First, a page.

On February 29th, the British-based academic Ilan Pappé will be addressing students at a talk hosted by the Harvard Kennedy School. Further speaking events follow at the universities of Yale, Central Connecticut State, New York, and Columbia.
Ilan Pappé will be explaining: “Why is Palestine Still the Issue in 2016?”
But Ilan Pappé is no mere academic; he is an activist with a long history of extremist connections. Ilan Pappé has defended medieval ‘blood libel’ claims by the prominent Hamas operative and terror financier Raed Salah, that Jews took the “children of Europe, whose blood would be mixed in the dough of the holy bread.”
Pappé was also a signatory to a letter published in the Guardian, which insisted that “Israel must lose” the armed conflict with Hamas.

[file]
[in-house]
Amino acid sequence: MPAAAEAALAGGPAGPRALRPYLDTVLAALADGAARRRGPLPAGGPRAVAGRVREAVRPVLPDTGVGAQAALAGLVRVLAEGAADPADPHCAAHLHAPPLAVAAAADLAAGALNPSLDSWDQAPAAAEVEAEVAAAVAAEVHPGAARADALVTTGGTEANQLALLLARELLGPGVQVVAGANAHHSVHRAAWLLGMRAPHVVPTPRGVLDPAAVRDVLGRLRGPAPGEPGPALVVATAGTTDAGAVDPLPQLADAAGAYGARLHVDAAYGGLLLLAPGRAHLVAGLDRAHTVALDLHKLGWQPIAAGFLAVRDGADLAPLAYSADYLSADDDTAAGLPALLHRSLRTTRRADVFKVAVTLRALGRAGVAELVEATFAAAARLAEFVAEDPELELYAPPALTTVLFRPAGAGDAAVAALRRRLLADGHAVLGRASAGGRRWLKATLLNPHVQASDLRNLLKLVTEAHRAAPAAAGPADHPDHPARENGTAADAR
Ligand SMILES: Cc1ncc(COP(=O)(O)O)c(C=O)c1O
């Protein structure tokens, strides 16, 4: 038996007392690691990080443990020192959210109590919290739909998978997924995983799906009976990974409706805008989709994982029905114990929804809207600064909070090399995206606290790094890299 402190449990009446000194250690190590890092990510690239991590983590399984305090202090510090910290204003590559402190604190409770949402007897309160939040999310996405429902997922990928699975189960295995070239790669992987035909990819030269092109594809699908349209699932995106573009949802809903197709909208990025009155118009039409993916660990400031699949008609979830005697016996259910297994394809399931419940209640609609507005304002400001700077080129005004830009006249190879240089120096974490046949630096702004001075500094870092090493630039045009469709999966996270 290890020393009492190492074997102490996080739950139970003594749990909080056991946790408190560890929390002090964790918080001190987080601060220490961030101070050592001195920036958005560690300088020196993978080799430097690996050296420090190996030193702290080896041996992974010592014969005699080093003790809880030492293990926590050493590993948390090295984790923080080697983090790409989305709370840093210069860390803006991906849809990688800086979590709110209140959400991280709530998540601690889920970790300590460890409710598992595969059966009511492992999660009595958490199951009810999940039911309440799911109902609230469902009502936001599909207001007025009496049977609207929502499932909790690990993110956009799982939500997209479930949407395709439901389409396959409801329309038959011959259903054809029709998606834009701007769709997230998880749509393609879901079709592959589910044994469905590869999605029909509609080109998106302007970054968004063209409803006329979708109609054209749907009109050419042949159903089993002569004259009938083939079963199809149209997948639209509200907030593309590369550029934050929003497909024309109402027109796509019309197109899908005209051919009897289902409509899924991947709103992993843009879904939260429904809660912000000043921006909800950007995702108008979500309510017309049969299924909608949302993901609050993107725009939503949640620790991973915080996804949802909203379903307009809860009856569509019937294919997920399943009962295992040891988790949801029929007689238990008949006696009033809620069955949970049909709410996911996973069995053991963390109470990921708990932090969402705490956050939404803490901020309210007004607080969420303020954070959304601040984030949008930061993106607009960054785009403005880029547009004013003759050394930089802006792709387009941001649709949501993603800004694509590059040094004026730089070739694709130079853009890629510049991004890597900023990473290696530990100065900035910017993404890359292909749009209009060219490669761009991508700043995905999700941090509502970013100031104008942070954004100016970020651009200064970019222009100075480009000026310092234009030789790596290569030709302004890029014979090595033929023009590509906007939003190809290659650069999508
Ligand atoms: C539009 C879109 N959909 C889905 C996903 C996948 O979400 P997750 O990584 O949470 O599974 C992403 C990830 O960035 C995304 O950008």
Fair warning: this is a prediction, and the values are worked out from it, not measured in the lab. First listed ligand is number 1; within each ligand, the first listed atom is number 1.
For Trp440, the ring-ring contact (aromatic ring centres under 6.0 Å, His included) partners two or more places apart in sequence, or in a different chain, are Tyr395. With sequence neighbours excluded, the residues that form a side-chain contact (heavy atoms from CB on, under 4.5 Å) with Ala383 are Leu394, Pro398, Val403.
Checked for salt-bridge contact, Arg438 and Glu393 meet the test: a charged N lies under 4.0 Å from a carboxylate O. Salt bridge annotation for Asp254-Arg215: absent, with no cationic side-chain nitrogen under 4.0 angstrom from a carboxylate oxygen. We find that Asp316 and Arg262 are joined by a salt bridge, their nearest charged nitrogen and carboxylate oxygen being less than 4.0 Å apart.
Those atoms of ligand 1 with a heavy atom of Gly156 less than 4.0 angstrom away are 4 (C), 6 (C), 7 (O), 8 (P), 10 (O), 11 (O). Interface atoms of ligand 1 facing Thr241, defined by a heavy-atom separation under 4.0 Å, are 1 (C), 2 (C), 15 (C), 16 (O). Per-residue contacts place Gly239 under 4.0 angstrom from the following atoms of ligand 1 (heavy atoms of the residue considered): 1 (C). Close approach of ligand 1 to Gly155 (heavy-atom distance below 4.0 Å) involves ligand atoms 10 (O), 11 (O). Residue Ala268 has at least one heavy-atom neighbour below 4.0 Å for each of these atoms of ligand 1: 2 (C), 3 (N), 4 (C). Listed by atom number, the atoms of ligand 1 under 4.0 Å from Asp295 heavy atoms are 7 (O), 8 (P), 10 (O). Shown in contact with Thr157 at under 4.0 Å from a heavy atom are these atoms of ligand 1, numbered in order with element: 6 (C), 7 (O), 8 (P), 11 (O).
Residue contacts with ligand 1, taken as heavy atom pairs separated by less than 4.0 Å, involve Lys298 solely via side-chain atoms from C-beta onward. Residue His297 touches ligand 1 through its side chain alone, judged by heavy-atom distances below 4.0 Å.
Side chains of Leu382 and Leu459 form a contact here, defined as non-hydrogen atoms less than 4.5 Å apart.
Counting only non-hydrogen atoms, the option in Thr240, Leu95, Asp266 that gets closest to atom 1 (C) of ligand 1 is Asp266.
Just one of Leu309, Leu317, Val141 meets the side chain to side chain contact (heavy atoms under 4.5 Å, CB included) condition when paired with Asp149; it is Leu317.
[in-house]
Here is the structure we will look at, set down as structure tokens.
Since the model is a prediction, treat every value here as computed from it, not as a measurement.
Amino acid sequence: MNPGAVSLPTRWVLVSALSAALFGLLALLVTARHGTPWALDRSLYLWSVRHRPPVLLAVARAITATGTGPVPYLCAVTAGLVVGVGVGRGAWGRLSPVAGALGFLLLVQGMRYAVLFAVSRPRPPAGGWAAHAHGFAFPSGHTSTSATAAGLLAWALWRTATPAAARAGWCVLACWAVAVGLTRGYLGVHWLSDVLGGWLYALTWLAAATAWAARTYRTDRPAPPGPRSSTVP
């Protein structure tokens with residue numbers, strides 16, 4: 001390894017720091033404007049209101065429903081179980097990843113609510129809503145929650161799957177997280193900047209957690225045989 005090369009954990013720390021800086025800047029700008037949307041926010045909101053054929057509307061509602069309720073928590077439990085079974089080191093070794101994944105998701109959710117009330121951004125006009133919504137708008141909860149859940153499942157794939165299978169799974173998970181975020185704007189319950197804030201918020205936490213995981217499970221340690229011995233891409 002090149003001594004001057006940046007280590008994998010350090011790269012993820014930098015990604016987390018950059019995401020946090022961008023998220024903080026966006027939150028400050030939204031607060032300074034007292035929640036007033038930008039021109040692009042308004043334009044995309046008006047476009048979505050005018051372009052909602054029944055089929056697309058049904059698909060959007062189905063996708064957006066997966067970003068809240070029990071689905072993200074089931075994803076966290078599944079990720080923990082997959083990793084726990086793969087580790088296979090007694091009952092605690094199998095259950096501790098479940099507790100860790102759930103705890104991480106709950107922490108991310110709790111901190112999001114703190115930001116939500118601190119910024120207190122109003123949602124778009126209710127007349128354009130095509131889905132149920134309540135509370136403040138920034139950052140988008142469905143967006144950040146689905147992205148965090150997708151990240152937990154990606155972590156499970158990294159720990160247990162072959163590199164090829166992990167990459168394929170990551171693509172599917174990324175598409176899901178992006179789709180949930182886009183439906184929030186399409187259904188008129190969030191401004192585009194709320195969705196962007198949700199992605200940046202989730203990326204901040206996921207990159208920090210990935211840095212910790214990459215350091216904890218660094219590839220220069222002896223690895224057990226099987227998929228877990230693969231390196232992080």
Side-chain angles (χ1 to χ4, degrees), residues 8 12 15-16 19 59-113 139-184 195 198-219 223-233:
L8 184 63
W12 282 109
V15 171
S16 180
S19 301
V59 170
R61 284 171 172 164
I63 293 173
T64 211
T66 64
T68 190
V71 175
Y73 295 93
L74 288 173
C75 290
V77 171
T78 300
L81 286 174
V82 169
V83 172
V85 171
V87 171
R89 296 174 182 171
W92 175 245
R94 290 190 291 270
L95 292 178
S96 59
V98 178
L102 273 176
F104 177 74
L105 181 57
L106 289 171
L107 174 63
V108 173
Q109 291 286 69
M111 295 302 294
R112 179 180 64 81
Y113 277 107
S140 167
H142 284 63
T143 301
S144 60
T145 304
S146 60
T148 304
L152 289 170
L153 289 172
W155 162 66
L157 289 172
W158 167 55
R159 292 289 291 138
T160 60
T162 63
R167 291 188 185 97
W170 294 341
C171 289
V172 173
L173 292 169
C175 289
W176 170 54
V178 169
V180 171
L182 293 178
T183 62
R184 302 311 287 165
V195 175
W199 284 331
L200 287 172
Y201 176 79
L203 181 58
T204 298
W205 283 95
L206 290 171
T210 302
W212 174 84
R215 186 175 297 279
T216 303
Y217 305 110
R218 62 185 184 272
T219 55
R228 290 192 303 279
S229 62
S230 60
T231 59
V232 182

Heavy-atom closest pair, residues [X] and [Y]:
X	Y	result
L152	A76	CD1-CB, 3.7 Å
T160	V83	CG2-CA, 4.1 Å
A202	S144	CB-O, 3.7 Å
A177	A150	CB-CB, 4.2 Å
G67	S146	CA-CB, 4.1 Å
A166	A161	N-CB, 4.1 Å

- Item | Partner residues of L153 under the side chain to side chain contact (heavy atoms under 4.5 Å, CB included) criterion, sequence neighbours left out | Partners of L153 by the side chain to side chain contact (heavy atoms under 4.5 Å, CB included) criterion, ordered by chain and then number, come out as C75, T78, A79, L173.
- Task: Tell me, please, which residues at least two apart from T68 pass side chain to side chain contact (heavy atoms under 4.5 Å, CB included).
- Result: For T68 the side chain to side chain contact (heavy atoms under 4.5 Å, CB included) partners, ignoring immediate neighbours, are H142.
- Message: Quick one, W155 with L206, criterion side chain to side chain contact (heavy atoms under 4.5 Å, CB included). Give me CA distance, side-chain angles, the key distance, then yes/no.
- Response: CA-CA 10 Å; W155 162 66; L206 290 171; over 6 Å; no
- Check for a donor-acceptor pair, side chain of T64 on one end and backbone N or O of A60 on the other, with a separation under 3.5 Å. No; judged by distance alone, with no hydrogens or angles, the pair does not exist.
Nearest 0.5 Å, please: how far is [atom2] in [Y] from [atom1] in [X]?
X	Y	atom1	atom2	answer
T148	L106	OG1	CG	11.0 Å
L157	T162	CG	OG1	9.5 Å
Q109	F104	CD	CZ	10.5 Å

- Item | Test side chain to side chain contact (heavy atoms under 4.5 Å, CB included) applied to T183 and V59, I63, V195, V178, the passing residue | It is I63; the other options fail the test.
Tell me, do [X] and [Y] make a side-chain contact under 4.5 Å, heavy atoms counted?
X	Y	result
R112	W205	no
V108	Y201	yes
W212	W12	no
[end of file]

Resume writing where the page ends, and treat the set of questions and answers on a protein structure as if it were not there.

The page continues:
In 2008, Pappé gave an interview with National Zeitung, the newspaper of Germany’s most prominent neo-Nazi party, the Deutsche Volksunion. Pappé later claimed he wasn’t aware of the newspaper’s ideology.
In 2013, Pappé spoke at a conference hosted by the most prominent Hamas organization in Europe, the Palestine Return Centre (PRC), which is a designated terrorist organization in Israel. Three of the PRC’s trustees are fugitive Hamas activists who found refuge in Britain during the 1990s.
The conference was co-sponsored by Pappé own institution, the Exeter Institute of Arab and Islamic Studies, which was established with a donation of £680,000 from Prince Al-Waleed bin Talal, the Saudi royal who, in 2002, donated $27 million to the families of Palestinian suicide bombers.
At this conference, Pappé spoke alongside prominent Islamist extremists such as: Daud Abdullah, who signed the Istanbul Declaration, a document that advocated attacks on British troops and Jewish communities; Khaled Waleed, who campaigns on behalf of Hamas terrorists in Israeli jails; and Abdul Bari Atwan, who has declared, “If the Iranian missiles strike Israel – by Allah, I will go to Trafalgar Square, and dance with delight if the Iranian missiles strike Israel.”